Several new classes have been added to the summer school program beginning Tuesday, June 7 in the Cassingham complex.
Summer school Principal Toby Fischer said that 80% of the 67 elementary through high school summer classes offered are new, with a wide variety of curriculum available to students.
Fischer said most new classes are intervention, art, science or language classes. Most of these classes are targeted toward elementary students, he explained.
Meanwhile, he said, no additional high school summer courses will be added.
Fischer said there are only a few high school classes currently offered during the summer.
The most popular of these classes are Personal Finance and Capstone and online Health, he said.
“One class I’m excited to go watch is Mission to Mars,” he explained. “It’s a middle school class that is going to do an alien dissection using a squid that looks like an alien.”
Fischer said these classes have been added so that students can make up credits and have opportunities to learn about topics that were not heavily focused on during the school year.
Additionally, teachers have the ability to choose what class they teach over the summer, giving them more flexibility throughout the planning and teaching processes, he said.
“It’s a whole new crowd of great teachers coming in to teach this summer, which means all new classes as well,” Fischer said.
High school Spanish teacher Jennifer Cedeno is hosting an immersive Spanish program for elementary students this summer.
“I think that this class is filling the void that was caused by the cutting of the Spanish program in the elementary school,” Cedeno said. “It is giving students interested a chance to be exposed to the language and culture.”
She said it will be held three times a week, and there will be morning and afternoon sessions.
Fischer said that new classes were able to be added to the summer school program because of increased funding from the COVID-19 relief fund.
He explained that with the extra funds allocated during COVID-19, the school was able to host classes tailored to teaching students necessary information while keeping the classes light and interesting to younger students.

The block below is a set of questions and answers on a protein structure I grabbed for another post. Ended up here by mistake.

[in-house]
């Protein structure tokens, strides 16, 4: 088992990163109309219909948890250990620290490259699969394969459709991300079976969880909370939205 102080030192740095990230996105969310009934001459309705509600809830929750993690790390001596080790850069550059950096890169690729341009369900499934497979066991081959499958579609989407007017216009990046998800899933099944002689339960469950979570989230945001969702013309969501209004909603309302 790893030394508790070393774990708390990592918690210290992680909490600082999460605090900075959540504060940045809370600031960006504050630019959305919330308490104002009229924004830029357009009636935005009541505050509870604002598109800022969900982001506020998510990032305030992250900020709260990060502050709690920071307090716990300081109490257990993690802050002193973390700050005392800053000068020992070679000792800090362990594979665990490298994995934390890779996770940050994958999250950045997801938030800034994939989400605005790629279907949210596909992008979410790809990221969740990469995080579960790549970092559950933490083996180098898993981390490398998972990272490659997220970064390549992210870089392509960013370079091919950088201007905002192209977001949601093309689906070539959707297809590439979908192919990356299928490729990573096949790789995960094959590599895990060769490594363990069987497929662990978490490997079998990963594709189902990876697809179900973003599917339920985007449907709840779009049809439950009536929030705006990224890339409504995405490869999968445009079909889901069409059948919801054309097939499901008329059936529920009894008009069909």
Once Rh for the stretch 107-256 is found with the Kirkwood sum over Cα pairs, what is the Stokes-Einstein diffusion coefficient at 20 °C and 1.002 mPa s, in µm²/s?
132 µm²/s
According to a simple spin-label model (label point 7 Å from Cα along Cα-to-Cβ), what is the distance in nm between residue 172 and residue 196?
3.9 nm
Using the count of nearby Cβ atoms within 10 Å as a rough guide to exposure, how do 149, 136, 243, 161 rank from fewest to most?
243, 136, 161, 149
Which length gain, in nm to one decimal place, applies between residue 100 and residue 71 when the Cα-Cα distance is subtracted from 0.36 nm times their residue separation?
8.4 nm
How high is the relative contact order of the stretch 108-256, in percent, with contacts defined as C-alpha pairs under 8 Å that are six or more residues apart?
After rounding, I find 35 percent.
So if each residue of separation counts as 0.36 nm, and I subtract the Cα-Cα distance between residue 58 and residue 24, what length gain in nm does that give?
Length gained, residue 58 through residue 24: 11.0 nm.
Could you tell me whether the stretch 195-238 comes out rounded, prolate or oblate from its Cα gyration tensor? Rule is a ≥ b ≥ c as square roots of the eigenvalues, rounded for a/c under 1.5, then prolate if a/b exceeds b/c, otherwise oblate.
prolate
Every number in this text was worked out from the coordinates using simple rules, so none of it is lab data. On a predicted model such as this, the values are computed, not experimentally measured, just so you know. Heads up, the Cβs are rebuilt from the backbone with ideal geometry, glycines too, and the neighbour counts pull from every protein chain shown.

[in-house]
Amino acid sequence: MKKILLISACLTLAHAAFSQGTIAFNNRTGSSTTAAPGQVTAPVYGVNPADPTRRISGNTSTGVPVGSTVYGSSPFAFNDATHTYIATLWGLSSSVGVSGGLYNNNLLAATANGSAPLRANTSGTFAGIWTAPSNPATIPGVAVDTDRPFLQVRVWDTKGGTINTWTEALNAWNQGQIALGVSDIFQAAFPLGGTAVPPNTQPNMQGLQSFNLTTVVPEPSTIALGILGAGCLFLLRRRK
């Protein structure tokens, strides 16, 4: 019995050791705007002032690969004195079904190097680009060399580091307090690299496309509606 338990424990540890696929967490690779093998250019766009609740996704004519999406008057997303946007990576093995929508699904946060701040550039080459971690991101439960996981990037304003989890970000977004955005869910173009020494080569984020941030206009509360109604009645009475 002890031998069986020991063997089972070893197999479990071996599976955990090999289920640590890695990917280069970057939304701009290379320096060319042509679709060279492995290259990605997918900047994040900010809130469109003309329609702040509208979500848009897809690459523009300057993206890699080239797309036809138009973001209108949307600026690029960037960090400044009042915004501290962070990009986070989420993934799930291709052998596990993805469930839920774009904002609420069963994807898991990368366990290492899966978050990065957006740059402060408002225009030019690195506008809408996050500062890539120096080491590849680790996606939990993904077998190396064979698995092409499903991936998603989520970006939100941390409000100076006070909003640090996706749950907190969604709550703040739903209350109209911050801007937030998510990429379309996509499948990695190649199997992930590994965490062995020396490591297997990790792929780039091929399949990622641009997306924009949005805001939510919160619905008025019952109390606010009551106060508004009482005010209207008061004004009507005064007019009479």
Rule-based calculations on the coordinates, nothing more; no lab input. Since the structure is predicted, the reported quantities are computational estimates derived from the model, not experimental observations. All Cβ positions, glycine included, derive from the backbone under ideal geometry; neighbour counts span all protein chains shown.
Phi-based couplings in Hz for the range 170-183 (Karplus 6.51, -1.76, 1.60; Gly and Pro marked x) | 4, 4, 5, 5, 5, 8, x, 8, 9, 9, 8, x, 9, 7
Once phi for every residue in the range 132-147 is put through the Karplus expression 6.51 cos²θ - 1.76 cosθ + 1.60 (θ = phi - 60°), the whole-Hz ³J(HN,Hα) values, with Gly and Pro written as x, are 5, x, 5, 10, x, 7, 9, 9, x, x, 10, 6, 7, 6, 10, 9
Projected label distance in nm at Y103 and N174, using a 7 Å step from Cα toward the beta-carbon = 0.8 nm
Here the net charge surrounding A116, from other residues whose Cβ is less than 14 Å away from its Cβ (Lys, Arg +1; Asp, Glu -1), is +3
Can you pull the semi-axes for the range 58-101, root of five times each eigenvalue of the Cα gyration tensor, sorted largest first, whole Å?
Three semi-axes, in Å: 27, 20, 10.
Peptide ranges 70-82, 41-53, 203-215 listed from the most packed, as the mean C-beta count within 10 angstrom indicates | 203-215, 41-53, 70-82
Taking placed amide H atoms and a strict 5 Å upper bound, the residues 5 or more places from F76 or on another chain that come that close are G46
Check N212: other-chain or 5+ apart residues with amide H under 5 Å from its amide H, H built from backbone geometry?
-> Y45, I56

“We were able to have students come in for all of these fun camp-like classes as opposed to focusing on getting credits,” he said.
He said prior to the pandemic, the summer programs were much more like traditionally structured courses.
“In the future as the COVID-19 money runs out, we’ll see if summer school remains how it is now, or if we’ll have to return to a more classic summer school,” he said.
Fischer explained that this summer, only two classes will be held online and the rest are to be held in person.
Junior Lily Keller said she applied to take online Health this upcoming summer.
“I am excited to take Health during the summer as opposed to during the school year,” she said. “I knew I wouldn’t have room in my schedule next year, so this option was perfect for me.”
English teacher Michelle Rogers has been teaching an in-person college planning course for 11 years.
Rogers said that the class guides rising seniors on how to write their Common Application essay and other college supplements.
“Summer is a good time for rising seniors to focus on college planning before the busyness of the new school year and looming application deadlines,” Rogers added.
She said her class will last one week, and it will be held in the high school library.
Based on the success of last summer’s programs, Fischer said he believes that this summer will be equally beneficial.
“We’ll see what happens in the future, but for now I think that summer school has become a lot more engaging for students,” he said.
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